Peak Season Preparation: Adapting your business creatively with COVID-19 Restrictions
With the third wave of COVID-19, ITA recognizes the importance of innovative ideas to adapt to the province-wide restrictions this upcoming peak season. It is easy to focus on the negative impacts on tourism due to COVID-19; however, we must remind ourselves of the opportunities in tourism development and pivoting businesses to create new and exciting experiences adapted to our current situation.
Domestic tourism has been increasing with borders shut and international travel not being recommended by various governments. Pre-Covid-19, 84.7% of the tourism industry in Alberta was driven by Albertans traveling within the province. Albertan residents made more visits within Alberta than by other Canadians, U.S., and overseas visitors combined.
The Indigenous tourism industry within Alberta has the fastest growing membership in the country, according to ITAC 2020 stats on provincial Indigenous tourism organization memberships. Alberta has the potential to develop into a premier Indigenous tourism destination throughout the COVID-19 pandemic by first focusing on domestic visitor markets and creating innovative experiences that are safe for operators and visitors.
More Albertans are interested in learning how to have meaningful connections with the land and intimate experiences after periods of isolation. As a result, the Indigenous tourism industry in Alberta is re-pivoting to focus on supportive relationships with local communities and is encouraging the creation of unique partnerships across the province.
ITA Member Highlight with Natalie Pepin from Reskilled Life
ITA met with member Natalie Pepin, the owner of Reskilled Life, who offers experiences dedicated to preserving and sharing traditional land-based skills to reconnect visitors with their roots and get to know the lives of their ancestors, but in a modern day context. Natalie gladly shared insights from how Reskilled Life’s vision and operations pivoted and adapted during the Covid-19 pandemic.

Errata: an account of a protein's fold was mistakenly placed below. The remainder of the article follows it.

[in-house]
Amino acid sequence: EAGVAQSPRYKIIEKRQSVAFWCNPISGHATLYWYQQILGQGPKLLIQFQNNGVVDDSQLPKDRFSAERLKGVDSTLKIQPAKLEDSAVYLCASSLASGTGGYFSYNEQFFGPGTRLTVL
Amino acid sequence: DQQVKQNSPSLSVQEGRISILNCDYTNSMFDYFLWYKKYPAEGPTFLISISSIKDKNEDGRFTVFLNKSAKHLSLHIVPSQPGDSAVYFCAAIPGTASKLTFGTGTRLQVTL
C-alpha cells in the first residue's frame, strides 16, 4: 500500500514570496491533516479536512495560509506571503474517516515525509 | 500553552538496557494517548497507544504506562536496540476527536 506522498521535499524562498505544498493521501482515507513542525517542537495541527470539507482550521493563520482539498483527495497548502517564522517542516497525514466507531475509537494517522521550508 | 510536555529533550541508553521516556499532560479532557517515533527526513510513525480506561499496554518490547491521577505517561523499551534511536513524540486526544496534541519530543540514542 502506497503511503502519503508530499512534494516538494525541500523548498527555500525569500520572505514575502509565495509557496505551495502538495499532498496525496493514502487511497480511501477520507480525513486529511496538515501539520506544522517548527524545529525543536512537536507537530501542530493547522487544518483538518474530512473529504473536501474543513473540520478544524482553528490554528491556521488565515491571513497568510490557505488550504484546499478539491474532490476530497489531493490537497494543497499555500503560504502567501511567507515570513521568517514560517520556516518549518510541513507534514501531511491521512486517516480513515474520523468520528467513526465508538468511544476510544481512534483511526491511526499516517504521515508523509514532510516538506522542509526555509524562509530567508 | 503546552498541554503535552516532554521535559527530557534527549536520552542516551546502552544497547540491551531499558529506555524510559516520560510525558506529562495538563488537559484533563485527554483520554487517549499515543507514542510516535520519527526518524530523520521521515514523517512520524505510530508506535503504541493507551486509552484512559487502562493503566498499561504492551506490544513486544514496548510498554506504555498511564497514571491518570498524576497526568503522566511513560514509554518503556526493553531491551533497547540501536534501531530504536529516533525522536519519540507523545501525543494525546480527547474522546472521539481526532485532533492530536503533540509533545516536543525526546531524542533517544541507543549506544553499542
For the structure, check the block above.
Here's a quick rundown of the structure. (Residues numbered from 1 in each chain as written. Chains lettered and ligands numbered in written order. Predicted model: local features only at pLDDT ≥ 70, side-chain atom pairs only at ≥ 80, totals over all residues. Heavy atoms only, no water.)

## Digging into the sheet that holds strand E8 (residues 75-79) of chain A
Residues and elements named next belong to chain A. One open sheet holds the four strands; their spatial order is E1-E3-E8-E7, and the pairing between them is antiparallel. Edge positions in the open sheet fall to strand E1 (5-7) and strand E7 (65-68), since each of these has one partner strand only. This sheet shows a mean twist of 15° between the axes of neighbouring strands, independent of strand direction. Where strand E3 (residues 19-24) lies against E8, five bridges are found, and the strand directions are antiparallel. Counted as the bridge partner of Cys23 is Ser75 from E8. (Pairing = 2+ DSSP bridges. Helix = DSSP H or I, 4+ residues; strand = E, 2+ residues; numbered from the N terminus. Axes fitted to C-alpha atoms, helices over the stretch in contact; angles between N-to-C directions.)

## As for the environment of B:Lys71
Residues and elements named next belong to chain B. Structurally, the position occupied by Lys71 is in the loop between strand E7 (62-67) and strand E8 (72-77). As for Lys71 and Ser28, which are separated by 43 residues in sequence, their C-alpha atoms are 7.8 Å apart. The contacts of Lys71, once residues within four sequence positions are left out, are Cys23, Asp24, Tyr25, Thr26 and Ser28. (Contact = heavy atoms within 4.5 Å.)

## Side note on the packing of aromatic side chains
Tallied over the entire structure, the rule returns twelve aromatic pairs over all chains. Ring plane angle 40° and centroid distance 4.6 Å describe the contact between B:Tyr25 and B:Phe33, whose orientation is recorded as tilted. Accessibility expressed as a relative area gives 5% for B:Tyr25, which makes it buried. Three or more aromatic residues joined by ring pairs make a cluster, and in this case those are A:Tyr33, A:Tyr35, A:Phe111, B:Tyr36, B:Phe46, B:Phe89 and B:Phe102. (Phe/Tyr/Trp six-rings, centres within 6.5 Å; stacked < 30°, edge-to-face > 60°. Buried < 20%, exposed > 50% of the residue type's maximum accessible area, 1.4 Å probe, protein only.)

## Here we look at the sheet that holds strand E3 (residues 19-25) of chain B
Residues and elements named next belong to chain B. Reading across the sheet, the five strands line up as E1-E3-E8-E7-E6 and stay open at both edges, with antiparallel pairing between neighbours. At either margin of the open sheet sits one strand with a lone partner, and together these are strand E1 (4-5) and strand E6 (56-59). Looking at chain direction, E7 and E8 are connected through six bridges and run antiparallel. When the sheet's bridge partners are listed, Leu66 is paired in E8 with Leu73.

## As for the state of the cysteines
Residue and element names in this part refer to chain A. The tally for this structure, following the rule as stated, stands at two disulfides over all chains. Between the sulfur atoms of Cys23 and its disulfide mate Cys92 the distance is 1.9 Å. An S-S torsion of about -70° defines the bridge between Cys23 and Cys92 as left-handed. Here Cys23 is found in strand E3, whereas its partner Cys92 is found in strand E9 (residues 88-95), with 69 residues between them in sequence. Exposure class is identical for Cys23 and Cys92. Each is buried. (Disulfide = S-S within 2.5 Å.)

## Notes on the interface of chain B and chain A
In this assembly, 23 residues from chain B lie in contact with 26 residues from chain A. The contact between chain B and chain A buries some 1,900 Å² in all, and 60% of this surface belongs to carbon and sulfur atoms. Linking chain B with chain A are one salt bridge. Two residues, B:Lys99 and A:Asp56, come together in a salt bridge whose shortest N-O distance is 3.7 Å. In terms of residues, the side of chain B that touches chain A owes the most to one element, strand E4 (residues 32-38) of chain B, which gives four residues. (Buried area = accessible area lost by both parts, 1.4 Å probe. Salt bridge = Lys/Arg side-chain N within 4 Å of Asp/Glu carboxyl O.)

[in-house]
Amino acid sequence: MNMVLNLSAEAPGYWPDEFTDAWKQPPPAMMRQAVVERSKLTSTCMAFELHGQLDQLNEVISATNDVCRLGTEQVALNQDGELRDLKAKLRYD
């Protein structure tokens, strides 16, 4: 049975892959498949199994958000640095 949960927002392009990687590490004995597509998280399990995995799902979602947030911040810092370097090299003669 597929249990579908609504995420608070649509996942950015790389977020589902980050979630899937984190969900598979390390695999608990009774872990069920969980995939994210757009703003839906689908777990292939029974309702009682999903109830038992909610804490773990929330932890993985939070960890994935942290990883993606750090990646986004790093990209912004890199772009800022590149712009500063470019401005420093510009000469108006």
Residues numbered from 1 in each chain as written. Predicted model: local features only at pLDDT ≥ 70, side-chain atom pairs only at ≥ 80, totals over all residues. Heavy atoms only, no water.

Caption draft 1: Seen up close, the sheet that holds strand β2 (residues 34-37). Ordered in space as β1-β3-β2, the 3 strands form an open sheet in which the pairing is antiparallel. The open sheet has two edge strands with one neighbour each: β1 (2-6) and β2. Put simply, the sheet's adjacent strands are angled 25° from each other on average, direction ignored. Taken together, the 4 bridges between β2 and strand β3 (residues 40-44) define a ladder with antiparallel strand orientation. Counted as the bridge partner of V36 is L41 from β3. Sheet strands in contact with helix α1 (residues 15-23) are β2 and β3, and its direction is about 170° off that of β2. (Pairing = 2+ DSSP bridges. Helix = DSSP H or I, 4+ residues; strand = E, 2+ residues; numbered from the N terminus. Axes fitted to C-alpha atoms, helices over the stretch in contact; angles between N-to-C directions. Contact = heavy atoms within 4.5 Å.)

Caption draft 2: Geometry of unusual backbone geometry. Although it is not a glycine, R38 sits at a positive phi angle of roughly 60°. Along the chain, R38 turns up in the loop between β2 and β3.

Learnings from offering visitors virtual experiences
Last spring, before Covid-19, Reskilled Life had experiences booked for months in advance. Natalie had to adapt quickly and offer visitors virtual experiences to replace in-person experiences or to offer a credit with Reskilled Life to book again in the future. After completing the first handful of virtual experiences, Natalie shared how challenging it was to create meaningful connections and memorable experiences through a virtual platform with visitors. After the spring of 2020, Reskilled Life went back to the drawing board and took a break from offering virtual experiences.
This year, Reskilled Life has pivoted to adapt to an online learning environment and continues hosting small groups in outdoor experiences. Natalie found that storytelling is a fundamental and interactive way to connect with visitors in an online format. In addition, many visitors are looking for a meaningful sense of culture and teachings during times of isolation.
Reskilled Life’s adapted online content is built on a strategy with cultural teachings as the foundation, including hands-on skills-teaching components such as crafting activities, using tools, and showing land skills. Offering experiences in an online format has helped make Natalie’s teaching style more repetitive and obvious, describing the process in writing, showing the technique visually, and repeating it for visitors to understand. This technique accommodates kinesthetic, visual, and auditory learners.